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       Inkscape - an SVG (Scalable Vector Graphics) editing program.


       "inkscape [options] [filename ...]"


           -?, --help
           -V, --version

           -f, --file=FILENAME

           -e, --export-png=FILENAME
           -a, --export-area=x0:y0:x1:y1
           -C, --export-area-page
           -D, --export-area-drawing
           -i, --export-id=ID
           -j, --export-id-only
           -t, --export-use-hints
           -b, --export-background=COLOR
           -y, --export-background-opacity=VALUE
           -d, --export-dpi=DPI
           -w, --export-width=WIDTH
           -h, --export-height=HEIGHT

           -P, --export-ps=FILENAME
           -E, --export-eps=FILENAME
           -A, --export-pdf=FILENAME

           -T, --export-text-to-path

           -l, --export-plain-svg=FILENAME

           -p, --print=PRINTER

           -I, --query-id=ID
           -X, --query-x
           -Y, --query-y
           -W, --query-width
           -H, --query-height
           -S, --query-all

           -x, --extension-directory



           -g, --with-gui
           -z, --without-gui




       Inkscape is a GUI editor for Scalable Vector Graphics (SVG) format
       drawing files, with capabilities similar to Adobe Illustrator,
       CorelDraw, Xara Xtreme, etc. Inkscape features include versatile
       shapes, bezier paths, freehand drawing, multi-line text, text on path,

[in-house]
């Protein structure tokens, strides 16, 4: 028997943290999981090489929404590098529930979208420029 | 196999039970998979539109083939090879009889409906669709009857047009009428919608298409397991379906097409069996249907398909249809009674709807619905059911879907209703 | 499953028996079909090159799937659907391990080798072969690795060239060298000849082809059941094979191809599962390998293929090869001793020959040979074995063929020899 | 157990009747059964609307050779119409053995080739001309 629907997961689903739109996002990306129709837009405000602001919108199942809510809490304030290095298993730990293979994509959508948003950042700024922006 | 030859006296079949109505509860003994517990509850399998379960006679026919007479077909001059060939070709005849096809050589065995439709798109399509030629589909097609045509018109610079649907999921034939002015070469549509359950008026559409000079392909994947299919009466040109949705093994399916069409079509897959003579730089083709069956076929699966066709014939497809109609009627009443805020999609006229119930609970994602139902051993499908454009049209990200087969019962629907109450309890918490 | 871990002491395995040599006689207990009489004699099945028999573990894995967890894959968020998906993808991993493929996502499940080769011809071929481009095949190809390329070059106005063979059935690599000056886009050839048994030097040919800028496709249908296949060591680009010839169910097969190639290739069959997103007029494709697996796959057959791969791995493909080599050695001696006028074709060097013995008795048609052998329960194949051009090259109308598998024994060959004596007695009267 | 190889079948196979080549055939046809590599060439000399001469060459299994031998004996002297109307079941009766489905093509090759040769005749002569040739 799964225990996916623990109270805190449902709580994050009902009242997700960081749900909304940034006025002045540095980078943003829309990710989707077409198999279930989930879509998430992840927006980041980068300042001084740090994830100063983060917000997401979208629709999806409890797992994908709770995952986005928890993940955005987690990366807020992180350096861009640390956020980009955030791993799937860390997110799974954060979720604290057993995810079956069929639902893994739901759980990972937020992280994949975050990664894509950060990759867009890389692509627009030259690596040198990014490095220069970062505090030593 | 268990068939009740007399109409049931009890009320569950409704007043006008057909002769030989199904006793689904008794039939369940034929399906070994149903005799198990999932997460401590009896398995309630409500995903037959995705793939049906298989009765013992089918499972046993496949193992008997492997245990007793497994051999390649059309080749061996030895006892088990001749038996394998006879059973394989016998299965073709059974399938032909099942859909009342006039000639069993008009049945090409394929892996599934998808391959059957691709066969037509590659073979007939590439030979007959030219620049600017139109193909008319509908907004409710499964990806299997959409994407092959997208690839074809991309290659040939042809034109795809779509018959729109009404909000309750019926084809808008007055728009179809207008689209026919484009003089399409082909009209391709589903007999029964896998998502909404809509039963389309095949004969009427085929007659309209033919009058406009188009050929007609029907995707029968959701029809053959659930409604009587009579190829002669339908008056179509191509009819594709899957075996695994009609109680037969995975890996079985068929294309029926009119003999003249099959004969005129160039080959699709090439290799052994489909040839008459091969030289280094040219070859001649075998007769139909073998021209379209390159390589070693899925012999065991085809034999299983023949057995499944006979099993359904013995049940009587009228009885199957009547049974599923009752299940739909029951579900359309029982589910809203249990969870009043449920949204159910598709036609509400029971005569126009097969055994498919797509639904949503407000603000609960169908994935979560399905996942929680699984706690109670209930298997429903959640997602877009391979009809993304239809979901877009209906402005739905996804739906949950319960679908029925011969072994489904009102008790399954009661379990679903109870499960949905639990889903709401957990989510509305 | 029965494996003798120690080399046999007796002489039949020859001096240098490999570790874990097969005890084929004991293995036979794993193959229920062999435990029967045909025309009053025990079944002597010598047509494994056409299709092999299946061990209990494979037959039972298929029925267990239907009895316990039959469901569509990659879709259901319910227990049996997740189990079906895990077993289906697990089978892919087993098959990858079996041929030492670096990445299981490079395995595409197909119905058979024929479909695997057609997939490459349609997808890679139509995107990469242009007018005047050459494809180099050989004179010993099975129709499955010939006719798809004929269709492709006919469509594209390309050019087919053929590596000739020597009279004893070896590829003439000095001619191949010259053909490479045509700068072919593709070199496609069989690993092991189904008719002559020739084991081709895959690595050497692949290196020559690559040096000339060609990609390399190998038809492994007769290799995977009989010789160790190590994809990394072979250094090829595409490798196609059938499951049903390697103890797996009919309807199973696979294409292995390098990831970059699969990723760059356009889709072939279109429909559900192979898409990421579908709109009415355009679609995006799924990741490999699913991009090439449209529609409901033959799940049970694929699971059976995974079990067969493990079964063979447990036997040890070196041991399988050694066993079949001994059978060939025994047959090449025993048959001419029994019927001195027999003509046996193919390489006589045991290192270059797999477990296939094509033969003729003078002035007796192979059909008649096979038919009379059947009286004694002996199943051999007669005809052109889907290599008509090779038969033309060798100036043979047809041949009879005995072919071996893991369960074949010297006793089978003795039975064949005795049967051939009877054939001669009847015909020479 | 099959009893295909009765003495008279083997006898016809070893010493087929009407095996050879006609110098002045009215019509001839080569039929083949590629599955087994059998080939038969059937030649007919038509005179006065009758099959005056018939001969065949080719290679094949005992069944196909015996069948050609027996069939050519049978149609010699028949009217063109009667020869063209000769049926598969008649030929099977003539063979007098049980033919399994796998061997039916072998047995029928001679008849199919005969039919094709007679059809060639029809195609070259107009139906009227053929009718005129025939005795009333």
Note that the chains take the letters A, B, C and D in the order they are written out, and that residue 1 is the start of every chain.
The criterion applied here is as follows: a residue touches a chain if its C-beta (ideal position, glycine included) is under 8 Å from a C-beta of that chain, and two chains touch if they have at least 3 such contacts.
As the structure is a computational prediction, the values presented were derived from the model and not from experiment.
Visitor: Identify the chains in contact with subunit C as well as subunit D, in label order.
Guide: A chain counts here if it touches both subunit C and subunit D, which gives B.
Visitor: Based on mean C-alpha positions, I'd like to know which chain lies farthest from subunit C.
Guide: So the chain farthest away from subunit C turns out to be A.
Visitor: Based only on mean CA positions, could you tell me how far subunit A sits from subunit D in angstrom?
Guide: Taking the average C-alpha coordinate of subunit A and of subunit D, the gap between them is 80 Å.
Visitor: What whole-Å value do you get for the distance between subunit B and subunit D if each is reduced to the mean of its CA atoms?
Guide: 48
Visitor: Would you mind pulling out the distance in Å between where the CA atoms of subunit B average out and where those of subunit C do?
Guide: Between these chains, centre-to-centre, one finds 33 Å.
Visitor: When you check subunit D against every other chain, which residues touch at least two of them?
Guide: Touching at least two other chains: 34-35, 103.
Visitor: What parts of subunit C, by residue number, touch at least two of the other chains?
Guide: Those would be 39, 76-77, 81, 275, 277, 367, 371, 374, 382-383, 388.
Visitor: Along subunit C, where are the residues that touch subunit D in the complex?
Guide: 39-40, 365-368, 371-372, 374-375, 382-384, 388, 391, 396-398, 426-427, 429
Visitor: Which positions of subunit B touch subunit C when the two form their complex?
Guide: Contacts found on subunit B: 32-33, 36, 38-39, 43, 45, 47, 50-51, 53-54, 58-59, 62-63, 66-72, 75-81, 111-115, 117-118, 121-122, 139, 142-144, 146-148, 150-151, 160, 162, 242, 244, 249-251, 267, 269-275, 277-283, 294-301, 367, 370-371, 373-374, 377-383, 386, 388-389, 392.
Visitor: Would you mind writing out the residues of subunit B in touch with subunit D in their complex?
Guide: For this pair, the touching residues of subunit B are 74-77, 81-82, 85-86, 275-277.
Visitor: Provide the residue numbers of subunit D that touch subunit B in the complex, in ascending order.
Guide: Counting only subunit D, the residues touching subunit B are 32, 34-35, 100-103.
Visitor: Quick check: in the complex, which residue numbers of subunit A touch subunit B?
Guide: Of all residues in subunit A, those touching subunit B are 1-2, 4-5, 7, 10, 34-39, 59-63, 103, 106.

alpha blending, arbitrary affine transforms, gradient and pattern
       fills, node editing, many export and import formats including PNG and
       PDF, grouping, layers, live clones, and a lot more.  The interface is
       designed to be comfortable and efficient for skilled users, while
       remaining conformant to GNOME standards so that users familiar with
       other GNOME applications can learn its interface rapidly.

       SVG is a W3C standard XML format for 2D vector drawing. It allows
       defining objects in the drawing using points, paths, and primitive
       shapes.  Colors, fonts, stroke width, and so forth are specified as
       `style' attributes to these objects.  The intent is that since SVG is a
       standard, and since its files are text/xml, it will be possible to use
       SVG files in a sizeable number of programs and for a wide range of

       Inkscape uses SVG as its native document format, and has the goal of
       becoming the most fully compliant drawing program for SVG files
       available in the Open Source community.


       -?, --help
               Show help message

       -V, --version
               Show Inkscape version and build date.

       -a x0:y0:x1:y1, --export-area=x0:y0:x1:y1
               In PNG export, set the exported area in SVG user units
               (anonymous length units normally used in Inkscape SVG).  The
               default is to export the entire document canvas.  The point
               (0,0) is the lower-left corner.